Since his final retirement from the NBA in 2003, Michael Jordan has been a bit stingy with his story. He hasn’t been a total hermit (granting Wright Thompson access for a piercing profile in 2013, for example), but he also hasn’t exactly blabbed about himself. There has been no juicy tell-all book, no biopic, no television special, no series of interviews.
Until now, it seems.
ESPN announced Tuesday that it will partner with Netflix on a 10-part docu-series called “The Last Dance” that will chronicle Jordan’s run with the Bulls during the 1990s. Per ESPN, the project has the full cooperation of Jordan and other key players from those Chicago teams. It will debut in 2019.
The series’ trailer, released Tuesday, is narrated by Jordan himself.
— ESPN Films 30 for 30 (@30for30) May 15, 2018
“The Last Dance” will be produced by Mike Tollin and directed by Jason Hehir, who has previously worked with ESPN on well-received films “The Fab Five,” “The ’85 Bears” and “Bernie and Ernie,” as well as a documentary about the Sacramento Kings that was shelved last-minute amid sexual assault allegations against its protagonist. Most recently, Hehir directed HBO’s acclaimed Andre the Giant documentary.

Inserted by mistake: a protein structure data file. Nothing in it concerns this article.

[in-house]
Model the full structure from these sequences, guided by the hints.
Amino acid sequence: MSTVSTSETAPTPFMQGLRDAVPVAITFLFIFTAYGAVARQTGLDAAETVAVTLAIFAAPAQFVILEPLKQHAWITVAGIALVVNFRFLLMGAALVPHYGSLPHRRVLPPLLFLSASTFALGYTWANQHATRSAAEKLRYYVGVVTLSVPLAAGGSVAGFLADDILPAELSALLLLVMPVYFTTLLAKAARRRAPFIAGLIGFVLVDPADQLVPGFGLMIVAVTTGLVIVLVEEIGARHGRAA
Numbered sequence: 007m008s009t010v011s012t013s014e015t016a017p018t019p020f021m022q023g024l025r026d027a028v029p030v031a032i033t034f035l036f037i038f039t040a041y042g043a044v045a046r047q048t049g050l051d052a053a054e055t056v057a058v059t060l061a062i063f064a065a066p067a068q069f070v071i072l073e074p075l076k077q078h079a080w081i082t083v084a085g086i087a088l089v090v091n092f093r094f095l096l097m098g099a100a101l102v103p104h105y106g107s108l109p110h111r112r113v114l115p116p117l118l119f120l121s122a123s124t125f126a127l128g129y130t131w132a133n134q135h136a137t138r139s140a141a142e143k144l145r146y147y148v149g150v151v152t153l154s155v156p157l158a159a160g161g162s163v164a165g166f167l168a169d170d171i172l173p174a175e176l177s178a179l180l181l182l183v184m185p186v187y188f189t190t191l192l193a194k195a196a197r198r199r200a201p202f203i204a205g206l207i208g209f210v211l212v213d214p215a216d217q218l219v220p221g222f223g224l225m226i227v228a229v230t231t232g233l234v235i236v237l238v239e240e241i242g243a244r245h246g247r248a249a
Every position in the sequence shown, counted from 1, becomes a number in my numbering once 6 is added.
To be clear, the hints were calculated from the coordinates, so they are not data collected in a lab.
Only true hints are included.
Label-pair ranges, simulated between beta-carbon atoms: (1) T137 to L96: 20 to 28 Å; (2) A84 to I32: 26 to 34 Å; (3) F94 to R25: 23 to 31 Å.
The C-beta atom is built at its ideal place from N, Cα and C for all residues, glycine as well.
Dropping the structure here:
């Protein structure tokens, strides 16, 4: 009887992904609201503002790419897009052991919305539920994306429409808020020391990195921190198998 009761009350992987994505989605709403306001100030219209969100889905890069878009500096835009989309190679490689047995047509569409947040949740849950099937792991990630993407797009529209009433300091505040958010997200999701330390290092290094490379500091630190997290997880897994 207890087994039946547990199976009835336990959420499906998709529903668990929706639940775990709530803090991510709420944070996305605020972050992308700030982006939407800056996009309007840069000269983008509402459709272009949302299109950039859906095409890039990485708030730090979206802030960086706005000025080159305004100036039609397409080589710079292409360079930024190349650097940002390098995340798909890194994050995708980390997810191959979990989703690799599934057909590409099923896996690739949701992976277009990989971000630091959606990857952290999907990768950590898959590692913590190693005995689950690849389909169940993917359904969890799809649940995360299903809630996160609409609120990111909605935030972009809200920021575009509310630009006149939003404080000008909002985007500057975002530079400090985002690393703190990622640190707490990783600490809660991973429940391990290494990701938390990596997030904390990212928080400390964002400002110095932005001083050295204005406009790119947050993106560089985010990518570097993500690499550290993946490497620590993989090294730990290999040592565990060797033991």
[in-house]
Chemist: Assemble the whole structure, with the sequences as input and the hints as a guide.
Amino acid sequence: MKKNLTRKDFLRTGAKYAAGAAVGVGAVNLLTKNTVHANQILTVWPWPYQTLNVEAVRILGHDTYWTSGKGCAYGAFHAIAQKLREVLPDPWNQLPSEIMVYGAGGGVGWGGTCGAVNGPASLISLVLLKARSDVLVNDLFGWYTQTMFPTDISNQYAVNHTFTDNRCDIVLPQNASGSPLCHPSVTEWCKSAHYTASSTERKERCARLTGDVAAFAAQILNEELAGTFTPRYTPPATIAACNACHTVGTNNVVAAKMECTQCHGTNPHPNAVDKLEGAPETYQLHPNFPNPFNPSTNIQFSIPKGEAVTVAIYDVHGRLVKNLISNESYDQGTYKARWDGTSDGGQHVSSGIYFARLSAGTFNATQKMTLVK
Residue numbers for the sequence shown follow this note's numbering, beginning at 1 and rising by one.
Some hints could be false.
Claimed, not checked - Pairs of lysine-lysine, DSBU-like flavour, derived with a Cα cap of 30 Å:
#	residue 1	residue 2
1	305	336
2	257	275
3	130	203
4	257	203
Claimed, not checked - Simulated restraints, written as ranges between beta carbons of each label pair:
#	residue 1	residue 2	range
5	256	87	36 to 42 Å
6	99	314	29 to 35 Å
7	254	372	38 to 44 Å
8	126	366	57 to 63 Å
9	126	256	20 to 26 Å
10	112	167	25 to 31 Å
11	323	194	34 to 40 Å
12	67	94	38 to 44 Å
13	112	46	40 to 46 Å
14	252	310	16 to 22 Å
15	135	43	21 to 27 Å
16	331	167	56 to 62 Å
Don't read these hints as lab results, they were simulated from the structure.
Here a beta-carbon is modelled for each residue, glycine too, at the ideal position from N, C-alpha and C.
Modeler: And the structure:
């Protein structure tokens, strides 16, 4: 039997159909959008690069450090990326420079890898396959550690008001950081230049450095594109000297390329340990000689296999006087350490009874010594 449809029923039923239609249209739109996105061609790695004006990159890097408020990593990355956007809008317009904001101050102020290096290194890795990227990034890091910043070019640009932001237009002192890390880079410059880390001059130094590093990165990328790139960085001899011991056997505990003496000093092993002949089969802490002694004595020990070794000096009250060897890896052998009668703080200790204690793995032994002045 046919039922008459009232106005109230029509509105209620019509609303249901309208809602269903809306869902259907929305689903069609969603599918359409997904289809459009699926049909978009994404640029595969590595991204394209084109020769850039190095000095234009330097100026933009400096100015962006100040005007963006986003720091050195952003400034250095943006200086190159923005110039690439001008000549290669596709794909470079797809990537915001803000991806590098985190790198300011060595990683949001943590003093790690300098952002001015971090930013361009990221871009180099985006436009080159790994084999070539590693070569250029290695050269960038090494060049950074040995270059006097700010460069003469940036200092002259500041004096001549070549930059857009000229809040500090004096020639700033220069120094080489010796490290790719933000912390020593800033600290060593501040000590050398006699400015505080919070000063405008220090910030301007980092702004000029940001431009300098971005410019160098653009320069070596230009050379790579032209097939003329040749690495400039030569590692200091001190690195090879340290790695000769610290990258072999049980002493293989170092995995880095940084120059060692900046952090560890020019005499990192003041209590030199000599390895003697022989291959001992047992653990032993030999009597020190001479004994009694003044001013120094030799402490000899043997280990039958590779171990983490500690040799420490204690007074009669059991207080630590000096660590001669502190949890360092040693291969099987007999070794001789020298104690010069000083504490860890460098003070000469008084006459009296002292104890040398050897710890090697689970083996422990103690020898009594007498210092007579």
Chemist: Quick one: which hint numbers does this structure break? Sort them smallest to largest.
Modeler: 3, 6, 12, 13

ESPN didn’t reveal too many details about its new Jordan doc Tuesday, besides the fact it will feature previously unseen footage of Jordan’s final season in Chicago. The series will clearly be one of the network’s most ambitious documentary projects yet. If it weren’t, it wouldn’t have been stretched into a whopping 10 parts — twice as many as the Oscar-winning “O.J.: Made in America” aired in. It’s unclear whether those 10 parts will be 30-minute episodes or 90-minute mini-docs, but either way that’s a whole lot of runtime.
The new MJ documentary will arrive nine years after ESPN’s “Michael Jordan Rides the Bus,” which chronicled the NBA MVP’s brief dalliance in baseball.
When ESPN launched its 30 for 30 series back in 2009, the idea was to tell stories that defined the previous three decades in sports. With this new Michael Jordan film, the network will get to tell the story that defined that period arguably more than any other.